It isn’t uncommon for both adults and teens that have ADHD to use drugs or alcohol in the face of their ADHD symptoms.
One theory is that people with ADHD might be self-medicating with drugs or alcohol. Individuals who have ADHD also tend to be more likely to have behavior problems and be more impulsive1.
Both alcoholism and ADHD seem to sometimes be hereditary10. Some researchers have also found that ADHD and alcoholism share common genes.
What Are the Treatment Options for ADHD & Addiction?
It’s worth noting that not all people who have ADHD will have a problem with drugs or alcohol. One of the best ways to prevent addiction in people that suffer from ADHD is to start treating the disorder early.
There are a number of different approaches when it comes to treating co-occurring disorders such as substance abuse problems and ADHD. These include therapy, behavioral interventions, and medication. It isn’t uncommon for patients to receive a combination of these types of treatments.
When a person has a dual diagnosis, it’s important that they receive treatment that focuses on both their substance use issues and their mental health issue.
Dual diagnosis program typically focus on:
Dual-diagnosis programs can help people work towards overcoming addiction as well as improving their quality of life while living with ADHD. Through these programs, individuals can learn how to live a functional and healthy life without turning to drugs to deal with ADHD symptoms.
ADHD & Addictive Personality
The term “addictive personality” is a popular word used to describe a set of personality traits that are thought ot make a person more likely to develop an addiction. This is a fairly controversial concept despite its popularity as a term.
There have been some personality traits that have been connected with various kinds of addictive behaviors. Substance use disorders, though, are complex brain disorders. This means that looking at a person’s personality simply might not be enough to explain addiction.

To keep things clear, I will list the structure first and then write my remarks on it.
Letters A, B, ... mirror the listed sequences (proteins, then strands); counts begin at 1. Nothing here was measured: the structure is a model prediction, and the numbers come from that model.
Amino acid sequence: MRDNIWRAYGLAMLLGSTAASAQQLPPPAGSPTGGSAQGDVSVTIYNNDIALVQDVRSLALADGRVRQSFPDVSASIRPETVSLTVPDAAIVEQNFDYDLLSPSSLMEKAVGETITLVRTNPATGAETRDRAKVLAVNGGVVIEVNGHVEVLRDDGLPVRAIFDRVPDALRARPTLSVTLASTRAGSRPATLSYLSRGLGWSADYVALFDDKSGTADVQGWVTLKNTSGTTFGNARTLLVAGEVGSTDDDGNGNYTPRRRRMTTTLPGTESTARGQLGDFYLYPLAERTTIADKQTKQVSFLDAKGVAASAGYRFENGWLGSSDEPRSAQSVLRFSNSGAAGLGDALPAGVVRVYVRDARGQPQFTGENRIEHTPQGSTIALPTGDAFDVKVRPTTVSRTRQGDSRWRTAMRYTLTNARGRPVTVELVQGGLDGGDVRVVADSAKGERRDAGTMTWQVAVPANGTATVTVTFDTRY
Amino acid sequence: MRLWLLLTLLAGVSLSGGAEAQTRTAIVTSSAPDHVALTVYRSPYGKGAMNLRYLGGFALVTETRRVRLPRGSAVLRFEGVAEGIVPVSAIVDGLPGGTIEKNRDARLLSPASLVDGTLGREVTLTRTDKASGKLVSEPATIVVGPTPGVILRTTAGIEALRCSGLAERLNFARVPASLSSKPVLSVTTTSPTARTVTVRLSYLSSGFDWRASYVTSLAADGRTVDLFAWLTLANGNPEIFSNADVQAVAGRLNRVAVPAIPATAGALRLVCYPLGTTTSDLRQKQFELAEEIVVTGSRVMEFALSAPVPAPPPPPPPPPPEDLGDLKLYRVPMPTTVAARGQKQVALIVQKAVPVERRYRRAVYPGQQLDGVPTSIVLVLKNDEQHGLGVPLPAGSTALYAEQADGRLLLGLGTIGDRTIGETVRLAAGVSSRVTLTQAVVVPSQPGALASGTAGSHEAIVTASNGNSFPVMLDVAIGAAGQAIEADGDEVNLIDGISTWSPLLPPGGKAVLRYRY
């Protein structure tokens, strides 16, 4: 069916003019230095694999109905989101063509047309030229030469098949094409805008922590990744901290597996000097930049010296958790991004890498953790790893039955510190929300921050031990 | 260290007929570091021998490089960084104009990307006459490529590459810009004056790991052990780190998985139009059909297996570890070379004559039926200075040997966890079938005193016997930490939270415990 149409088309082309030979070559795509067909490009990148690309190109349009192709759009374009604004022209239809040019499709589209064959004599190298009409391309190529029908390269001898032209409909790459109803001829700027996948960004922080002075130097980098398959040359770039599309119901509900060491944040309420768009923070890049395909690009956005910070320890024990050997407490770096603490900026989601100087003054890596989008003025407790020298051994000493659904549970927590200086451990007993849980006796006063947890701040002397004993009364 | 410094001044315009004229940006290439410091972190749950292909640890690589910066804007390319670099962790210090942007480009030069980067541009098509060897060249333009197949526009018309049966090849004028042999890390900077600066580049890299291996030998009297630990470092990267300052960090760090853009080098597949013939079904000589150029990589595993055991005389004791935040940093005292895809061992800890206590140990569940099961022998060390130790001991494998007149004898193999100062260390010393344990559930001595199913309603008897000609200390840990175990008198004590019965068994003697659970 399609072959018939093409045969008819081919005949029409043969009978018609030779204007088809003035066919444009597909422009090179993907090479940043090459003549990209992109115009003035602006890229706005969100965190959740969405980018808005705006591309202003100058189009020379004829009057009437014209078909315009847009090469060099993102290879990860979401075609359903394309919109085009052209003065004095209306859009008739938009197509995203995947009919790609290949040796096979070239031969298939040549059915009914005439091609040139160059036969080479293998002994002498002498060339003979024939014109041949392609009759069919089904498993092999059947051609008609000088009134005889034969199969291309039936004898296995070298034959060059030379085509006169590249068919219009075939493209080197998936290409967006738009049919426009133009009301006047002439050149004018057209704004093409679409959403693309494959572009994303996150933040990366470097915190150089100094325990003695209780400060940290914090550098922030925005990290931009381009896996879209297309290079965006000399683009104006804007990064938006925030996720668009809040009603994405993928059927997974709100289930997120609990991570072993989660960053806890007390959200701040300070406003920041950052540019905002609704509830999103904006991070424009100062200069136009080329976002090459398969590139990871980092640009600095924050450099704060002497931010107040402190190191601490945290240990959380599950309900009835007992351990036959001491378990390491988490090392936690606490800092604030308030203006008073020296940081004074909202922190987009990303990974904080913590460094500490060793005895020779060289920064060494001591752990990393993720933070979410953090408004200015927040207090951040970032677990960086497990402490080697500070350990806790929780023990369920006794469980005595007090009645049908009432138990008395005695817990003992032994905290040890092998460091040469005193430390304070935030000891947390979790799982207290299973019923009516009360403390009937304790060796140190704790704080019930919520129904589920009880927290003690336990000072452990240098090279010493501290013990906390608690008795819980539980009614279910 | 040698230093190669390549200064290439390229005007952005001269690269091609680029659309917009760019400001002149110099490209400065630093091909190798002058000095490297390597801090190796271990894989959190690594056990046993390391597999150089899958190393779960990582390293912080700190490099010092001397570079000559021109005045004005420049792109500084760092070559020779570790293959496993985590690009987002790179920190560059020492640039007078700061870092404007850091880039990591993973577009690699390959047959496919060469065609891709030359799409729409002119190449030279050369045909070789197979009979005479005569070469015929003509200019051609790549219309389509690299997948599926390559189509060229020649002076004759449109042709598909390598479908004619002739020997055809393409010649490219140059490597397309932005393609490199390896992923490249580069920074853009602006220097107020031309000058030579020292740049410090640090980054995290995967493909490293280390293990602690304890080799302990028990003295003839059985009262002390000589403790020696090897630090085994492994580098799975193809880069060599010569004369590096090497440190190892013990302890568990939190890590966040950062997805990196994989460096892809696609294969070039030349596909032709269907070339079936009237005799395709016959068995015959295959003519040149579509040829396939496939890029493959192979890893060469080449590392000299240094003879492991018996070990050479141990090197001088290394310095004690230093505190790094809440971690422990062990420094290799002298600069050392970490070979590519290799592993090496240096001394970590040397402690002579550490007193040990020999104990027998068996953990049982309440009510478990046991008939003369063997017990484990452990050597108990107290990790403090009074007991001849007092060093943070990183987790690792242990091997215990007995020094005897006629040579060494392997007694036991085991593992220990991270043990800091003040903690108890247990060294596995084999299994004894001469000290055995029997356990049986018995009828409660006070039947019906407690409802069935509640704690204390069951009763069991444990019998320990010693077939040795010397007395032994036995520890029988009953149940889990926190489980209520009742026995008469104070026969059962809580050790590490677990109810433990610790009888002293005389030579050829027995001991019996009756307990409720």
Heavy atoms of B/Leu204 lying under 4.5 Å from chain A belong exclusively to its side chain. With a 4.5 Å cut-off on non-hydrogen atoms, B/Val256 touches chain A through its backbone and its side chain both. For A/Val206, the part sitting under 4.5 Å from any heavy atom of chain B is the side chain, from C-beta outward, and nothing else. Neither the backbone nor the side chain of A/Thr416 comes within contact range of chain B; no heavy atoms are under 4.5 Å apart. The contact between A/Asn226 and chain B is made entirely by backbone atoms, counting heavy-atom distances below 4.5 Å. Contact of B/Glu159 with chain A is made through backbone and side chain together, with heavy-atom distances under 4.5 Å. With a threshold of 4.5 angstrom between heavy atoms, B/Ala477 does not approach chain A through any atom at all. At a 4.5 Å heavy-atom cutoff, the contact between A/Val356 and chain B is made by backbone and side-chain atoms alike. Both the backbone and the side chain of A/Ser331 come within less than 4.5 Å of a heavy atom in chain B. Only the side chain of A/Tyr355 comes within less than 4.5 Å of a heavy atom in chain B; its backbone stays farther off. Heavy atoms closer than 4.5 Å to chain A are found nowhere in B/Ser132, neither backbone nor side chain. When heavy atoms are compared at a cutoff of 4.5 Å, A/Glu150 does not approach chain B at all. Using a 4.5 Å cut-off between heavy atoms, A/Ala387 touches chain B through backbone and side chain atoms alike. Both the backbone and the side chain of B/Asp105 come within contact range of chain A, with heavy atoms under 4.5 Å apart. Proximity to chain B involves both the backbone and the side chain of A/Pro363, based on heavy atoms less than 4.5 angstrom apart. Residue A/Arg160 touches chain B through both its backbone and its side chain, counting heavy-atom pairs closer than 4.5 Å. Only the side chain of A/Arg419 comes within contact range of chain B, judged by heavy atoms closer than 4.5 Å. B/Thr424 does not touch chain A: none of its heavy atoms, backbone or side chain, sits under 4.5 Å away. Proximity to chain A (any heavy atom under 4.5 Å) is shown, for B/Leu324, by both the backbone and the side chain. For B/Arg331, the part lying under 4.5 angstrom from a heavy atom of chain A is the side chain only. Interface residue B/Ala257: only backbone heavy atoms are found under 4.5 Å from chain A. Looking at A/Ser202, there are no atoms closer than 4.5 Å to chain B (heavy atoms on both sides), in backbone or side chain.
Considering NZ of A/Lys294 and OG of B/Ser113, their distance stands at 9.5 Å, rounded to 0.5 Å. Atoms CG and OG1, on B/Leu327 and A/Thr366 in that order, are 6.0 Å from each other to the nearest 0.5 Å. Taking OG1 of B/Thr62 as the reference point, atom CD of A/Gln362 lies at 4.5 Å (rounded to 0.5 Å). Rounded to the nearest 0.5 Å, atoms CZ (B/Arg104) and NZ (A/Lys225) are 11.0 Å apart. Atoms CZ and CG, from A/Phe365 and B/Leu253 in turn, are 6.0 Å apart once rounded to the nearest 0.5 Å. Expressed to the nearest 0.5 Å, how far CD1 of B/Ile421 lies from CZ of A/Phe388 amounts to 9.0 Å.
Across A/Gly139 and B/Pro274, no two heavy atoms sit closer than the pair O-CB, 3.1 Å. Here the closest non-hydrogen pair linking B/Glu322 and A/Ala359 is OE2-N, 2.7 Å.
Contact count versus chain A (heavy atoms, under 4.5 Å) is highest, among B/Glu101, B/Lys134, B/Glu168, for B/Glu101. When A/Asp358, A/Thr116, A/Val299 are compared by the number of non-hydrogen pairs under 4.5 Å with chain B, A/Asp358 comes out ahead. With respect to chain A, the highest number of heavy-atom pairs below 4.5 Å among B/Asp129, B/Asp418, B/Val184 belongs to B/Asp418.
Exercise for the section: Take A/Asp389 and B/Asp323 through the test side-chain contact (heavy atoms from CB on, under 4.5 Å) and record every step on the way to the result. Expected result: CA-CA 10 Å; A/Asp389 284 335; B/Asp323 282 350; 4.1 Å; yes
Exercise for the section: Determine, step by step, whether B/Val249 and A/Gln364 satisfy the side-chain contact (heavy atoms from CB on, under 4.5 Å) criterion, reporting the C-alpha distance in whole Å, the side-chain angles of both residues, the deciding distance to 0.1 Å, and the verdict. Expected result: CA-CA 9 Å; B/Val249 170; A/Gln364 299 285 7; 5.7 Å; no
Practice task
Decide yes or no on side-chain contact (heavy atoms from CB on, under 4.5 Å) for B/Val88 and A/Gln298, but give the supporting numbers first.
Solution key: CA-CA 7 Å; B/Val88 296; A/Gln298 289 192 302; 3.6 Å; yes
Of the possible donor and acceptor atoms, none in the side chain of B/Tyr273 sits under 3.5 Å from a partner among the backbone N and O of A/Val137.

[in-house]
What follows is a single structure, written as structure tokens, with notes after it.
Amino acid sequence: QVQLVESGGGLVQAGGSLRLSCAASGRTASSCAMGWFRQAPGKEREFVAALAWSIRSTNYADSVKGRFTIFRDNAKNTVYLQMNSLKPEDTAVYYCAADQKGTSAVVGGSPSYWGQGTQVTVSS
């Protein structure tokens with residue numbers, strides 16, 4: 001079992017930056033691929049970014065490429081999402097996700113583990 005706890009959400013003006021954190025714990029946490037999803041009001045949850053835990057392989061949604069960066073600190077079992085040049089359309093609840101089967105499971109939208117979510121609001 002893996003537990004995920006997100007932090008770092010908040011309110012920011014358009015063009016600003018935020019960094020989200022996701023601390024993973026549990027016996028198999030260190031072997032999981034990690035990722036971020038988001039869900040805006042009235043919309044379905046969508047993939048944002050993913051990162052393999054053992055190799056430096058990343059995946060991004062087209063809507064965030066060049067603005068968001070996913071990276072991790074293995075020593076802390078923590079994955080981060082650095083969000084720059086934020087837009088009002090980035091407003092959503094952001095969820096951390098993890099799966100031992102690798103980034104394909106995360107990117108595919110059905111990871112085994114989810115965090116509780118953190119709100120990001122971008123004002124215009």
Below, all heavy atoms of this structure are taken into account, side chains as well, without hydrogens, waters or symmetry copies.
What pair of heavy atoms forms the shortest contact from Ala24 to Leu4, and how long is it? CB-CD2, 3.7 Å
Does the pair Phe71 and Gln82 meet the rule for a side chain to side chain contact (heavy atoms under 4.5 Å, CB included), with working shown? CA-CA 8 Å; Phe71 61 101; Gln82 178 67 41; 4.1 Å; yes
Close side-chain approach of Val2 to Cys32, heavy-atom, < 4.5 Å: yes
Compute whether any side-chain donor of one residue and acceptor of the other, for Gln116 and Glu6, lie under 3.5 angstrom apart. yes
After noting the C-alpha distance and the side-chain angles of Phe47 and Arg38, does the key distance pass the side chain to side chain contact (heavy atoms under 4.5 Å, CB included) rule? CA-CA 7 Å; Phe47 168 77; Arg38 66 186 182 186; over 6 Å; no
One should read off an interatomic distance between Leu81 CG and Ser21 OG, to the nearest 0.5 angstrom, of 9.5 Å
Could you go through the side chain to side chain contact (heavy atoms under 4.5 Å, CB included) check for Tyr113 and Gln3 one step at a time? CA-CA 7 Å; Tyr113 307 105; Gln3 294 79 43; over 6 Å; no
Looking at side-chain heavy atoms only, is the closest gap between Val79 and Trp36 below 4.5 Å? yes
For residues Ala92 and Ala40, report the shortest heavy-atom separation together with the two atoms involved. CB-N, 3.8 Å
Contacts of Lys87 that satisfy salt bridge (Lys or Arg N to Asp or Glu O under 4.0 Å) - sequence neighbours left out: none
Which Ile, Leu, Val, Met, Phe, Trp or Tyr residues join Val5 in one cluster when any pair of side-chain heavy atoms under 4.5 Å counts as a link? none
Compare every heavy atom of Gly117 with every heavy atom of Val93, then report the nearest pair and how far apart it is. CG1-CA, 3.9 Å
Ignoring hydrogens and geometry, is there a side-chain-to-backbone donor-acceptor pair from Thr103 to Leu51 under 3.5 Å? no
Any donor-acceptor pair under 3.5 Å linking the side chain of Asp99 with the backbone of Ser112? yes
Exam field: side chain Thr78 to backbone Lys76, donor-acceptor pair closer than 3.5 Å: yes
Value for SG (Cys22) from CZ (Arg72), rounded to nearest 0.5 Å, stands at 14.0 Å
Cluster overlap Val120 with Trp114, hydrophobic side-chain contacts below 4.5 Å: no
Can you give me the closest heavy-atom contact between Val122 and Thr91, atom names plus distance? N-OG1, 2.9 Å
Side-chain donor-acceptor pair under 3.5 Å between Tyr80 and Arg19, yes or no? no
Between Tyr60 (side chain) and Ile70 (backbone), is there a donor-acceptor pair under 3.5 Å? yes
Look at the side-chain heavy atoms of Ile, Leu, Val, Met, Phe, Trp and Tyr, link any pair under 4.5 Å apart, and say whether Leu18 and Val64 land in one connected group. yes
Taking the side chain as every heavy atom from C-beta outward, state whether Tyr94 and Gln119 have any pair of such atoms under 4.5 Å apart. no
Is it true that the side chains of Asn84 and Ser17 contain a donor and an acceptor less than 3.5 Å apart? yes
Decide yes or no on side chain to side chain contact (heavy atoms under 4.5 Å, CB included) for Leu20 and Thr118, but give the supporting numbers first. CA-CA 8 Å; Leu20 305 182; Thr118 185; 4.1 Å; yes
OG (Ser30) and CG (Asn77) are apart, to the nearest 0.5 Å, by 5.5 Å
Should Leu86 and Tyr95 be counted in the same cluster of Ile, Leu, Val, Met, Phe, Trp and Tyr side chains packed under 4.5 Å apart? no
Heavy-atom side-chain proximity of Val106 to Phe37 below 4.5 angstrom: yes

Both addictions and ADHD can be caused by genetic factors, environmental factors, and other influences.
The term addictive personality is not just referring to drug addictions, either. It’s also referring to issues with food, shopping, food, and gambling. Although there isn’t an established list of traits that are considered a part of an addictive personality, some traits are associated with this phrase.
Traits commonly associated with addictive personalities:
There is some overlap between the notion of having an addictive personality and the symptoms of ADHD. It’s also clear that people with ADHD are at a higher risk of developing addictive relationships with substances or behaviors.
Find Help for ADHD & Addiction
There is still a lot to learn about both ADHD and drug addiction. If you are suffering from both of these issues, though, it’s important to receive treatment that focuses on both disorders. Otherwise, your treatment might not touch upon the issues that you need to work on in order to live a healthy life.